Serial killers’ worst crimes are done to farmed animals ‘on a mass scale,’ says undercover investigatorPosted: September 5, 2012
By Katerina Lorenzatos Makris
The Humane Society of the United States’ (HSUS) annual Genesis Awards can be a lovely experience. At a glittering hotel in Beverly Hills, celebrities glow in their gowns and tuxes, banquet tables offer gourmet vegan delights, and applause thunders for quotes and clips from media projects that focus on animal issues.
The event can can also be disorienting. Amidst the glitter and glow, there’s the underlying awareness of why the awards are held: to spotlight the cruelty that HSUS says is perpetrated upon animals of all kinds, every day, around the world.
That sense of disconnect between the evening’s celebration and the alleged horrors that it seeks to combat might never be more pronounced than at a moment when you stand at the after-party buffet table gorging on chocolate pastries, and realize that the young man next to you–the one in a baseball cap and sunglasses–is a guy who does professional undercover animal abuse investigations.
For that young man, the world is rarely about spotlights, vegan delicacies, or movie stars. His world is often a dimly-lit, dank and sweaty one, splattered with the blood and guts of the animals that he and other workers are paid to kill.
At the 2010 Genesis Awards, where HBO received Best TV documentary for Death on a Factory Farm, Animal Issues Reporter spoke with the guy in the cap and dark glasses. For this interview, he asked to be called “Andy.”
AIR Interview with ‘Andy,’ undercover animal rights investigator
Animal Issues Reporter (AIR): It must be difficult to have to go in day in and day out and work in slaughterhouses and other places where you object to what they do.
“Andy”: It is. Part of it is that, as an investigator, you have to be very objective. So the goal in undercover investigations is you have to show things exactly as they are without being an outside influence. You have to do exactly what you’re told by your superiors.
You don’t want to offer any help or any harm to the animals that you would not do as a worker otherwise, and that’s what it means to be professional in undercover investigations. To do that you just kind of have to shut your emotions off and deal with that later.
Also, what may make it easier, I think, as a reality is that in a lot of these industrialized systems where animals are kept, it is easier than people think to become desensitized to the abuse the animals endure. The animals are treated as numbers.
Or I remember working at a turkey farm, where the animals… It was like they were treated as “trucks.” It’s like you had so many trucks you have to do a day, and you’re not thinking of them as all these turkeys with broken legs that you’re shackling and hanging upside down. You think of them as, “OK, how many trucks have we got left? I got two left. I got one truck left.”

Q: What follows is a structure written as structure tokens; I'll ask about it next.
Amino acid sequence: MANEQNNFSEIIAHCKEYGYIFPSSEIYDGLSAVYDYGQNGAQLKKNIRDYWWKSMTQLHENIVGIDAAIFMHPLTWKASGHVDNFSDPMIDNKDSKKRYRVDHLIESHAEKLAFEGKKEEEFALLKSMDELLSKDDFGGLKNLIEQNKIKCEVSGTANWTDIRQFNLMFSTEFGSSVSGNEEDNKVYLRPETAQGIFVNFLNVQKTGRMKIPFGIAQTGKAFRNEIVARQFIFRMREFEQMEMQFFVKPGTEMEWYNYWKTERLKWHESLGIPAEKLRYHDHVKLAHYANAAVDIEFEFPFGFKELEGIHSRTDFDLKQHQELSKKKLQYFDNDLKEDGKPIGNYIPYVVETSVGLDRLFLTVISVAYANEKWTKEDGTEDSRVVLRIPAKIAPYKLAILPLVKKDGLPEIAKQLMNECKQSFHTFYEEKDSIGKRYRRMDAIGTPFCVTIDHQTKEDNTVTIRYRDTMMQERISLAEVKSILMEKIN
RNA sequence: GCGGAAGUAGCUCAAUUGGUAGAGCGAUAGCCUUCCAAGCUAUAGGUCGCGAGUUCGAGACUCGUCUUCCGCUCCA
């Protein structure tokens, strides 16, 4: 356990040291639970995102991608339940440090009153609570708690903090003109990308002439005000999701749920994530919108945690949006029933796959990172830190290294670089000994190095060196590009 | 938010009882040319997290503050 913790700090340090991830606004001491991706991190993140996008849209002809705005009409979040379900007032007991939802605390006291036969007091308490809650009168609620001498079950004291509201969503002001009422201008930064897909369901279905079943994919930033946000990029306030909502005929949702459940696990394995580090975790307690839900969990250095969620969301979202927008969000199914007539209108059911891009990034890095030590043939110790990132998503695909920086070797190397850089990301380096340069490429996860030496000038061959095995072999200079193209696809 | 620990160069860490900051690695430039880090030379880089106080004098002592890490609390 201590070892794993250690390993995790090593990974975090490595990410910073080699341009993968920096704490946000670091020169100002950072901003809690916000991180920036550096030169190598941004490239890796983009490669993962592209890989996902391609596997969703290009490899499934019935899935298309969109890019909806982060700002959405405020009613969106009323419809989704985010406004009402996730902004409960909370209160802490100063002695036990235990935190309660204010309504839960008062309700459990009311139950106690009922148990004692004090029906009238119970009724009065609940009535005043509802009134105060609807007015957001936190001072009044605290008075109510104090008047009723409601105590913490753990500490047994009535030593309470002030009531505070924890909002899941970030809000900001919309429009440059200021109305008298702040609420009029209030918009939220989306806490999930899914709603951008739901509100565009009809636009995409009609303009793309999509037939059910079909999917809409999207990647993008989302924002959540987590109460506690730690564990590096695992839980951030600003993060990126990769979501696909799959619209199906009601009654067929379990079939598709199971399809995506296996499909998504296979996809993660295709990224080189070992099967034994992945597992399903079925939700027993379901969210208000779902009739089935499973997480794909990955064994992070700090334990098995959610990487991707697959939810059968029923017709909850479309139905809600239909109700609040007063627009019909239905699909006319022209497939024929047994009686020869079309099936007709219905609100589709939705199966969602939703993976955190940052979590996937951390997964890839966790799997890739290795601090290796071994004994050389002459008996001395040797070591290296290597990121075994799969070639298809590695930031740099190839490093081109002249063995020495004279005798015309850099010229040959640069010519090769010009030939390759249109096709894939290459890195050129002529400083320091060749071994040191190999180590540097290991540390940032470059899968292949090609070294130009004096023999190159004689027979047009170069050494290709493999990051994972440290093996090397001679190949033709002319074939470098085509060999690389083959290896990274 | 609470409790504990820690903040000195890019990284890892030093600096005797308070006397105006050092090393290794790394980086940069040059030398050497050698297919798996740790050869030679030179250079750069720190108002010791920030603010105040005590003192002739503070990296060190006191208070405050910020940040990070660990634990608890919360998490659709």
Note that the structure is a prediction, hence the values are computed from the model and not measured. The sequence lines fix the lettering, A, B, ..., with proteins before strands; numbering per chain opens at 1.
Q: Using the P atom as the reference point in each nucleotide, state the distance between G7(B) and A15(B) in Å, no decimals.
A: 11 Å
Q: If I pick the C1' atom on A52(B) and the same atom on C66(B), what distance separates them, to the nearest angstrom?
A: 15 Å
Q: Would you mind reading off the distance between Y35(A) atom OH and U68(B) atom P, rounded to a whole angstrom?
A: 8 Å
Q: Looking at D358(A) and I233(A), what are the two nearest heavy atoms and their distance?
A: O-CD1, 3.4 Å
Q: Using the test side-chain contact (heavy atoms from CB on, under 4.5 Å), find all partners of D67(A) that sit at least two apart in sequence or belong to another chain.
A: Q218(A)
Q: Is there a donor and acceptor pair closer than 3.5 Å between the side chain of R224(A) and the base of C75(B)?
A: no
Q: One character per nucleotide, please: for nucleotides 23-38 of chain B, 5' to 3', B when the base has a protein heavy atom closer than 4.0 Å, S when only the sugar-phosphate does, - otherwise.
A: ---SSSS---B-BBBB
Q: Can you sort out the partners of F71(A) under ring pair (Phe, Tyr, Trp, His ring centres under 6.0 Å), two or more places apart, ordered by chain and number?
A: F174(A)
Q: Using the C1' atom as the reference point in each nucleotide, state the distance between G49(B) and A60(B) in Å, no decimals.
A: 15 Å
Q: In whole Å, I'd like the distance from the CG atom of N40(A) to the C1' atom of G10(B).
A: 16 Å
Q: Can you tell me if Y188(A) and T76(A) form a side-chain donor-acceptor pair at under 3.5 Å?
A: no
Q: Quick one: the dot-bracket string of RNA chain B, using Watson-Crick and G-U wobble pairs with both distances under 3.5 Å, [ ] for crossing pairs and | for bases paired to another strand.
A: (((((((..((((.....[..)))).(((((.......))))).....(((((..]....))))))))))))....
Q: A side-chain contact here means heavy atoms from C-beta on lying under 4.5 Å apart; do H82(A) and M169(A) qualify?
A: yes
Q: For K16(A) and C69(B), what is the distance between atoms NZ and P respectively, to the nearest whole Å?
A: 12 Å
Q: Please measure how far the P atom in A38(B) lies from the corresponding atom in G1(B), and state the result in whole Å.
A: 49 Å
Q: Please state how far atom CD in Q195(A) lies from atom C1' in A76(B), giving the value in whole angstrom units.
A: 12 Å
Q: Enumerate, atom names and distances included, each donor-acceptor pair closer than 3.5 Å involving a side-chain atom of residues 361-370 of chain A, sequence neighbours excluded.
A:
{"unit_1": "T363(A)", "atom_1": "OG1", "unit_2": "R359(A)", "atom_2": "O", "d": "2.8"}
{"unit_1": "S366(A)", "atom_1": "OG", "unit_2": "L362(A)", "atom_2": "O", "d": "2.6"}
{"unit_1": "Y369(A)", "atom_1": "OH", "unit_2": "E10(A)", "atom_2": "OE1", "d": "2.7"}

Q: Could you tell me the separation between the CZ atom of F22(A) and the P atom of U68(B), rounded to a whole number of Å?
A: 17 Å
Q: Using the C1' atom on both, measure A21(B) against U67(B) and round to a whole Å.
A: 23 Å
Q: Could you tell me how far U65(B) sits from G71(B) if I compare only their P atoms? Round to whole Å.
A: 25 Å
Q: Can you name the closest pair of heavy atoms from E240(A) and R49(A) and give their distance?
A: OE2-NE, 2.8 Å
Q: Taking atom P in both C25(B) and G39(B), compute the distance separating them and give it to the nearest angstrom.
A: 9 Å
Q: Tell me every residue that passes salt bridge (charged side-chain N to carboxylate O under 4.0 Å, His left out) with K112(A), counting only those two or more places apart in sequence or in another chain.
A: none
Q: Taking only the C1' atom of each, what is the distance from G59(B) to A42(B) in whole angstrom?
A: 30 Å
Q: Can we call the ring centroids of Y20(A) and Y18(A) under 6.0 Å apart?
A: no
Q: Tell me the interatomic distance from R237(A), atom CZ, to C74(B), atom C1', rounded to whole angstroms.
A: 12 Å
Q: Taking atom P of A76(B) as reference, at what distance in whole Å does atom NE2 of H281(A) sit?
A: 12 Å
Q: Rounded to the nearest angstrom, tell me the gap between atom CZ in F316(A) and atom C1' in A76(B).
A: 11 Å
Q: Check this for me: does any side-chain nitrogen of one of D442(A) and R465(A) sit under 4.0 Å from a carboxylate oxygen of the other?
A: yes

And quicker than you realize, you know what it is you’re doing, but you’re not thinking about it as much.
AIR: Can I ask what led you to choose this line of work—investigating animal abuse?
“Andy”: Well, I originally wanted to be a police officer and I wanted to join the FBI. So I studied different units of the FBI and the one I was most fascinated by was the serial killer/child abduction unit, because the things that I read about were the worst crimes I could ever imagine in my life. I thought, well, maybe that would be my calling—to help prevent those crimes and track down those people.
I’ve always been kind of an adrenaline junkie so I thought I’d like to be on the enforcement end.
And then I started learning about animal rights issues and I realized that the worst things I have ever heard about a serial killer doing, identical or similar things happen to animals, but on a mass scale.
And then I also realized that for every unit of the FBI, and for every federal agency, and for every police department, there are people lining up and getting turned away to apply. There are not enough people doing investigations for animal rights work. So it seemed to make sense that that’s where I should be.
AIR: You probably can’t give your name, so how should I identify you?
“Andy”: Can I just make up a name?
AIR: Whatever you say.
“Andy”: You can call me “Andy.”
AIR: And what would be your job title?
“Andy”: I’m an undercover animal rights investigator.
(Interview transcription by A. Bronwyn Llewellyn)
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Katerina Lorenzatos Makris is a career journalist, author, and editor. Credits include hundreds of articles for regional wire services and for outlets such as National Geographic Traveler, The San Francisco Chronicle, Travelers’ Tales, NBC’s Petside.com, and Examiner.com (Animal Policy Examiner), a teleplay for CBS-TV, a short story for The Bark magazine, and 17 novels for Avon, E.P. Dutton, Simon and Schuster, and other major publishers.
Together with coauthor Shelley Frost, Katerina wrote a step-by-step guide for hands-on, in-the-trenches dog rescue, Your Adopted Dog: Everything You Need to Know About Rescuing and Caring for a Best Friend in Need (The Lyons Press).
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